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October 19, 2010

Builders ask more time for bay pollution diet

Builders are looking to delay imposition of a strict pollution "diet" for the Chesapeake Bay, saying more time is needed to study it because of its "national implications, extremely high costs and technical complexity."

The National Association of Home Builders called on the Environmental Protection Agency to give the public 180 days to review and comment on the federal cleanup plan, instead of the 45 days provided.   Federal regulators, who unveiled the draft plan Sept. 24, set an abbreviated comment period because they have pledged to finalize the plan by year's end.

EPA's "Total Maximum Daily Load" would impose limits on how much nitrogen, phosphorus and sediment can be discharge into the bay and its rivers in Maryland, Pennsylvania, Virginia, Delaware, New York, West Virginia and the District of Columbia.  The states have laid out plans to comply with the federal plan by setting limits of their own on farming, on sewage and rain water washing off city and suburban streets and lawns.

"The new TMDL will impose extraordinarily difficult regulatory requirements on the citizens who live in the Bay states," said NAHB Bob Jones, a home builder in Bloomfield Hills, Mich. "EPA has already announced that these plans are a blueprint for the rest of the nation, which is all the more reason to make sure the public has ample time to carefully study these proposals."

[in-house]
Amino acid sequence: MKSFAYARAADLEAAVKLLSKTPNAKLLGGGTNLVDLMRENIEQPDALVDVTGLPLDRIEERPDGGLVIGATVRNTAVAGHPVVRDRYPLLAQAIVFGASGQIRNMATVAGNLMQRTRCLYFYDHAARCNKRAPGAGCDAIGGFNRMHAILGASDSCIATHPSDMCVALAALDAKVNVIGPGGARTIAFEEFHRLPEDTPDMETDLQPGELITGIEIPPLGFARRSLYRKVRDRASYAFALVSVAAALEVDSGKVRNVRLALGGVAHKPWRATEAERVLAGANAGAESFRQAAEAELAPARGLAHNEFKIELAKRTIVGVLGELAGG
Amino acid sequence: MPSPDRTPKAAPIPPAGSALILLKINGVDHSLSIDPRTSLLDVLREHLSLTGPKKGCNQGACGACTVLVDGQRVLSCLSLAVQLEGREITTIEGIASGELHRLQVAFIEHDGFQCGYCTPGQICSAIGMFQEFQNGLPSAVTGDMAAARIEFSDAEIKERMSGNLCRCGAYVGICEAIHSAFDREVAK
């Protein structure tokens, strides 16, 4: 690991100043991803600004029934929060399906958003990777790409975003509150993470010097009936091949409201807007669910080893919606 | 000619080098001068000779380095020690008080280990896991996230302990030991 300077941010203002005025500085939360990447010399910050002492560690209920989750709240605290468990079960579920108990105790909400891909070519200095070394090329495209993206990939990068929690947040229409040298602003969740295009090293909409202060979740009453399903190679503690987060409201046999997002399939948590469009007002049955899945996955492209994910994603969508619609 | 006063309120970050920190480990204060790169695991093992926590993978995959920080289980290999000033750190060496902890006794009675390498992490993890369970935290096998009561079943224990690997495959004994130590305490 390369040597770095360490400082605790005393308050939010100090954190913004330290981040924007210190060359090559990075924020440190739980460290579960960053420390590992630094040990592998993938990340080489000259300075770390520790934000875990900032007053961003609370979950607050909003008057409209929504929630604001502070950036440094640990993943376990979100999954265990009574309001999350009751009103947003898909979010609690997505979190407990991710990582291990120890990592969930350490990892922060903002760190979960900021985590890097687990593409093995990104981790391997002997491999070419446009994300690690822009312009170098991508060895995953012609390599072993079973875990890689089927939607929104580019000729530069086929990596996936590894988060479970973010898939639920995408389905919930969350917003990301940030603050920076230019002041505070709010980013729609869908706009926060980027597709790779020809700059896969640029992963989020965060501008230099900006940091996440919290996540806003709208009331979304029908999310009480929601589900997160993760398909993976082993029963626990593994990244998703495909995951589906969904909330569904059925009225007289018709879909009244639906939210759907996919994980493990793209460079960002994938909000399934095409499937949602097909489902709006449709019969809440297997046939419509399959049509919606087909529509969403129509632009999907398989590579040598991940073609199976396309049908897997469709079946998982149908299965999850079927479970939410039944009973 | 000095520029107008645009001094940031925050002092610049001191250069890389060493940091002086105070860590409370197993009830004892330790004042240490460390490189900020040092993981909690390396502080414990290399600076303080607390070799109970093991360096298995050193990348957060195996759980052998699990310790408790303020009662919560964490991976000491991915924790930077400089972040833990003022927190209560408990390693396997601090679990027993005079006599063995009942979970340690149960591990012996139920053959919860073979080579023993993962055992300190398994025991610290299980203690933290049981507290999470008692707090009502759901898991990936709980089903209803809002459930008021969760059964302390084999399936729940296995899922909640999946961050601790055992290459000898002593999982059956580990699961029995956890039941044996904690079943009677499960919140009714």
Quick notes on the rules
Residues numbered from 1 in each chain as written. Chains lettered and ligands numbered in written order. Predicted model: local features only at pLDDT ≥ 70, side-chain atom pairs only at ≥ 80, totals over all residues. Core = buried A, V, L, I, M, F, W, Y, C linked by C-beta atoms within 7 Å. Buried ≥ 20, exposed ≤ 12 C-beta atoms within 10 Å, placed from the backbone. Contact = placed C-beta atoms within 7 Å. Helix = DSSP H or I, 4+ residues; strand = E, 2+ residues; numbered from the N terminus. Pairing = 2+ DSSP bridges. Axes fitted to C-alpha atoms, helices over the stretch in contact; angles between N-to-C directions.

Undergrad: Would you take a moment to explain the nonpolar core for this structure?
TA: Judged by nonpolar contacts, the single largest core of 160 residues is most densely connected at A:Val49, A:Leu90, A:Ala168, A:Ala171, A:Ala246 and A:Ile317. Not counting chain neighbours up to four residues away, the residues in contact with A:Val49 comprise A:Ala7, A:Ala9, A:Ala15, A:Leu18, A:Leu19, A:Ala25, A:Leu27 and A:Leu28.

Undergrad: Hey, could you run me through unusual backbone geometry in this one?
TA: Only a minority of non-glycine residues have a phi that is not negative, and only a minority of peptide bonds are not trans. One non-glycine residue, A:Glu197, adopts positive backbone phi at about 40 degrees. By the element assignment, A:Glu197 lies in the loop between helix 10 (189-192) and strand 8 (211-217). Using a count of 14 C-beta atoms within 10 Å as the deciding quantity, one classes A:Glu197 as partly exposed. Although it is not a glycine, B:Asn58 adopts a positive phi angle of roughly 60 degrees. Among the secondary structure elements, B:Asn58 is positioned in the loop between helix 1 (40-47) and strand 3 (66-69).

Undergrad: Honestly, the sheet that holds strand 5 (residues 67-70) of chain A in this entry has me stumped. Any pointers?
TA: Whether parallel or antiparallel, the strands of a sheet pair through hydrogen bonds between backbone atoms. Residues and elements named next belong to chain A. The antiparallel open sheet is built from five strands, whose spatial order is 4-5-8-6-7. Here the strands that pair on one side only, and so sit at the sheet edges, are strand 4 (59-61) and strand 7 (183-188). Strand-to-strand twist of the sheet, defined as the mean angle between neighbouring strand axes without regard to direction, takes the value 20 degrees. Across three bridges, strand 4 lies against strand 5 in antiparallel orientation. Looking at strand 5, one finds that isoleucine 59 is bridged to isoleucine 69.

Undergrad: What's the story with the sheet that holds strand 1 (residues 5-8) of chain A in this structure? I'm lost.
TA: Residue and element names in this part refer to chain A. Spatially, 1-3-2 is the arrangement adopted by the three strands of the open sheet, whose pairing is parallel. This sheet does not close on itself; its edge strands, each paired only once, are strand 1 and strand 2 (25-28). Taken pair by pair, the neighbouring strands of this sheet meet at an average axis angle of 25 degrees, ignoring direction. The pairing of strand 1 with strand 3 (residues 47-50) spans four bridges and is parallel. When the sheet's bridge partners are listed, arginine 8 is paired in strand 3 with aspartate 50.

UPDATE:  The Chesapeake Bay Foundation issued a statement opposing the builders' request, saying, "This is merely an attempt to delay and derail the clean-up process for short-term profit and narrow interests' benefit."


For more on the plan, go here.


Posted by Tim Wheeler at 8:50 AM | | Comments (0)

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About the bloggers
Tim WheelerTim Wheeler reports on the environment and Chesapeake Bay. A native of West Virginia, he has focused mainly on Maryland's environment since moving here in 1983. Along the way, he's crewed aboard a skipjack in the bay, canoed under city streets up the Jones Fall from the Inner Harbor, and gone deep underground in a western Maryland coal mine. He loves seafood, rambles in the country and good stories. He hopes to share some here.

Contributor Christy Zuccarini has been blogging about the local DIY craft scene for a year for She brings her pespective on all things handmade to B'More Green, where she will highlight projects you can do yourself as well as crafters who are integrating sustainable methods and materials.

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